With the exception of his elderly housekeeper Miss Agda who he treats almost like a surrogate platonic wife, widowed seventy-eight year old Dr. Isak Borg, a former medical doctor and professor, has retreated from any human contact, partly his own want but partly the decision of others who do not want to spend time with him because of his cold demeanor. He is traveling from his home in Stockholm to Lund to accept an honorary degree. Instead of flying as was the original plan, he decides to take the day long drive instead. Along for the ride is his daughter-in-law Marianne, who had been staying with him for the month but has now decided to go home. The many stops and encounters along the way make him reminisce about various parts of his life. Those stops which make him reminisce directly are at his childhood summer home, at the home of his equally emotionally cold mother, and at a gas station where the attendants praise him as a man for his work. But the lives of other people they ...
"We are such stuff as dreams are made on, and our little life is rounded with a sleep." Shakespeare - The Tempest
See more »
Did You Know?
The carriage seen and heard by Isak Borg (Victor Sjostrom) in the dream sequence at the beginning of the film, is similar to a scene in The Phantom Carriage (1921) when David Holm (also played by Sjostrom) sees the carriage for the first time. See more
It has been included as a continuity error that Marianne says she is going to go swimming at the old house, but when she returns her hair does not appear to be wet. This is not a continuity error, because when the film was shot in the late 1950s, and for at least a decade afterwards, at least in the Nordic countries women gathered their hair up and covered it with a special swimming cap to protect their hair from becoming wet. Some women who had grown up during those times used swimming caps as late as the 1980s, because they had grown up with the custom, and a swimming cap was to them just as integral part of swimming attire as a swimming suit. See more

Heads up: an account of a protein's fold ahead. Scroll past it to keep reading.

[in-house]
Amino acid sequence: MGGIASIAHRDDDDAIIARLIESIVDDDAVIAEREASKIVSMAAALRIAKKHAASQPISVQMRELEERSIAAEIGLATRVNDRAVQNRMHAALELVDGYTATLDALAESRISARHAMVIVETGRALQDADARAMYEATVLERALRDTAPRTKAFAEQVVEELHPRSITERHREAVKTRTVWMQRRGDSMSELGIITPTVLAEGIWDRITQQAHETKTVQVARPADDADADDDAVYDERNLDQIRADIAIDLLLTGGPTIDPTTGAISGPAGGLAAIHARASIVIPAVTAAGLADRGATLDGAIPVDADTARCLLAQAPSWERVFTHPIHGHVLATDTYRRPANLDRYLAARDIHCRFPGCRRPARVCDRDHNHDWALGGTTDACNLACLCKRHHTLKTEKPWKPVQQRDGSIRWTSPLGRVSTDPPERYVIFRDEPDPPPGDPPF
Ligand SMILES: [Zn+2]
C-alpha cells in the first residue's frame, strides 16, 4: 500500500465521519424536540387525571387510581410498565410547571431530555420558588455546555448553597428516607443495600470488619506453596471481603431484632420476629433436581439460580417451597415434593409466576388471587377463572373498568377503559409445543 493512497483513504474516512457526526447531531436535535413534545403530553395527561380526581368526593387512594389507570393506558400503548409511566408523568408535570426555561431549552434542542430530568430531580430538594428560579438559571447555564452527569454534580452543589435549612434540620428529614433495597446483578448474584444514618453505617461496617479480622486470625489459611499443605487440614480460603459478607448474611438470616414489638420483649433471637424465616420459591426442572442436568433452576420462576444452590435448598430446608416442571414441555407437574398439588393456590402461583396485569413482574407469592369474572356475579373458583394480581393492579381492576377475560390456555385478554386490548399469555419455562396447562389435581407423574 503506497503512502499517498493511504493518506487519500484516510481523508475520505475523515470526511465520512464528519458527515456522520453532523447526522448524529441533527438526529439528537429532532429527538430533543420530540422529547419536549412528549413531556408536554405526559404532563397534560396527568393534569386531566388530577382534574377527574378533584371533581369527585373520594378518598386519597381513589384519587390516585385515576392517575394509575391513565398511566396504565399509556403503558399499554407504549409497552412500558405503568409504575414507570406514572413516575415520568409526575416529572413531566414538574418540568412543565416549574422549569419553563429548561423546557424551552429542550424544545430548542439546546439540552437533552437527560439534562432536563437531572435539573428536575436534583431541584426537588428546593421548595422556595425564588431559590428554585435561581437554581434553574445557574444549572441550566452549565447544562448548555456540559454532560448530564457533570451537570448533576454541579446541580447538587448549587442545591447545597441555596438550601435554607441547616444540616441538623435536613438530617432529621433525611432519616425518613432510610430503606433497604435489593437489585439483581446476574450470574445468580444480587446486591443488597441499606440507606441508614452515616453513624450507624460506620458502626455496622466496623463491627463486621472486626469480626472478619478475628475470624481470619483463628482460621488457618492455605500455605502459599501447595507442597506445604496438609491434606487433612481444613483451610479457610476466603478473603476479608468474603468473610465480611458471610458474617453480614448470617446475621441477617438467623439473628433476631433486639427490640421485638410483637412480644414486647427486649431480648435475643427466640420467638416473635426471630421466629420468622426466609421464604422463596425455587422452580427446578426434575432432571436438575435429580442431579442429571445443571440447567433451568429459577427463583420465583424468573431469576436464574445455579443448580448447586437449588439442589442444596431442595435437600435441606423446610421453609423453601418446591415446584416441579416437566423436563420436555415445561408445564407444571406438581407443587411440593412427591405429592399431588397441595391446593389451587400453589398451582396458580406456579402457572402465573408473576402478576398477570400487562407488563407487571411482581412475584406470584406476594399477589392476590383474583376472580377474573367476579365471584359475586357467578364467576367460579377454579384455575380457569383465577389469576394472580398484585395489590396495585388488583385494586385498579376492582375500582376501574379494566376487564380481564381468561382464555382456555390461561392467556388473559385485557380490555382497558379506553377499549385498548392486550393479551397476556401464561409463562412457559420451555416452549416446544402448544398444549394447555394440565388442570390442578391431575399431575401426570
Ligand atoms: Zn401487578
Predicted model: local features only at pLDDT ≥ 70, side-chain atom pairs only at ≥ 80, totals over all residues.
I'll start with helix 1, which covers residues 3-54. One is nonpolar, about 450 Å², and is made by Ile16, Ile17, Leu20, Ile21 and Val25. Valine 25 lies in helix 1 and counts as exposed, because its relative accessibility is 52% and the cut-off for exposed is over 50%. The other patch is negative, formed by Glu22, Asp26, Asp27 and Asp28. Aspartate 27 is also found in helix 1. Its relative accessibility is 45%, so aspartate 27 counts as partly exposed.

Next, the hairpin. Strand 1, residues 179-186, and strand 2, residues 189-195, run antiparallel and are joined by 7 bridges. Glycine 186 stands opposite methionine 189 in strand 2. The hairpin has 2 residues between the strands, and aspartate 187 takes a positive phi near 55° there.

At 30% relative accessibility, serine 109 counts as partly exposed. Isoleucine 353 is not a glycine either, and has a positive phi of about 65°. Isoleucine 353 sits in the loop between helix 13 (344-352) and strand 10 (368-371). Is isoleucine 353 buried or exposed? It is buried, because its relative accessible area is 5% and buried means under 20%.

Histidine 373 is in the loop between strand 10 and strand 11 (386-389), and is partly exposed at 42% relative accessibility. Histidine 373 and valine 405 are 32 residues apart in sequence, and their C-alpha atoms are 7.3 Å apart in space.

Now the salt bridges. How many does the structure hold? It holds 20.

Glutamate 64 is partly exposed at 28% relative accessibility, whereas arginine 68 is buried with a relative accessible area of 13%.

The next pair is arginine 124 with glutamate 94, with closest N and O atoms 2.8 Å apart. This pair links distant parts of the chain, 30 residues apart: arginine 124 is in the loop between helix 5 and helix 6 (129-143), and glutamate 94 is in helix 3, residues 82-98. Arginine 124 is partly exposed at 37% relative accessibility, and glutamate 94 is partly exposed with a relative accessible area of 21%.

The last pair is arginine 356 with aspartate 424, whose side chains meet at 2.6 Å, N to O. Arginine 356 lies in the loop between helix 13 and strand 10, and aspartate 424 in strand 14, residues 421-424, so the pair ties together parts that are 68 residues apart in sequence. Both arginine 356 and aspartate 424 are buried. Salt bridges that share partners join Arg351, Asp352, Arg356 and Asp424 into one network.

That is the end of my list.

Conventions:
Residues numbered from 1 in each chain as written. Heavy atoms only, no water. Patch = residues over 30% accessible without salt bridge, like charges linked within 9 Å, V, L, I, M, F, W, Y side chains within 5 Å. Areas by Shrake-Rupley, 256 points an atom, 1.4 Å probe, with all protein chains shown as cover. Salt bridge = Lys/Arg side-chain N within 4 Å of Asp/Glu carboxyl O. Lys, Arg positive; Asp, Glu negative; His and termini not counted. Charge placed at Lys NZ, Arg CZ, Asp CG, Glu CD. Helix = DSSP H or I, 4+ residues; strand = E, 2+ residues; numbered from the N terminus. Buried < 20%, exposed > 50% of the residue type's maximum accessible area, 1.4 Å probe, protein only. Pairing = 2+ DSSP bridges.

Mrs. Borg, Isak's Mother
I remember when Sigbritt's boy was a newborn. He used to lie in the lilac arbor at the summer house. Now he's turning 50. And little cousin Sara used to carry him around and sing to him. She married Sigfrid, that good-for-nothing.
JA; MAA HAN LEVA!
Traditional See more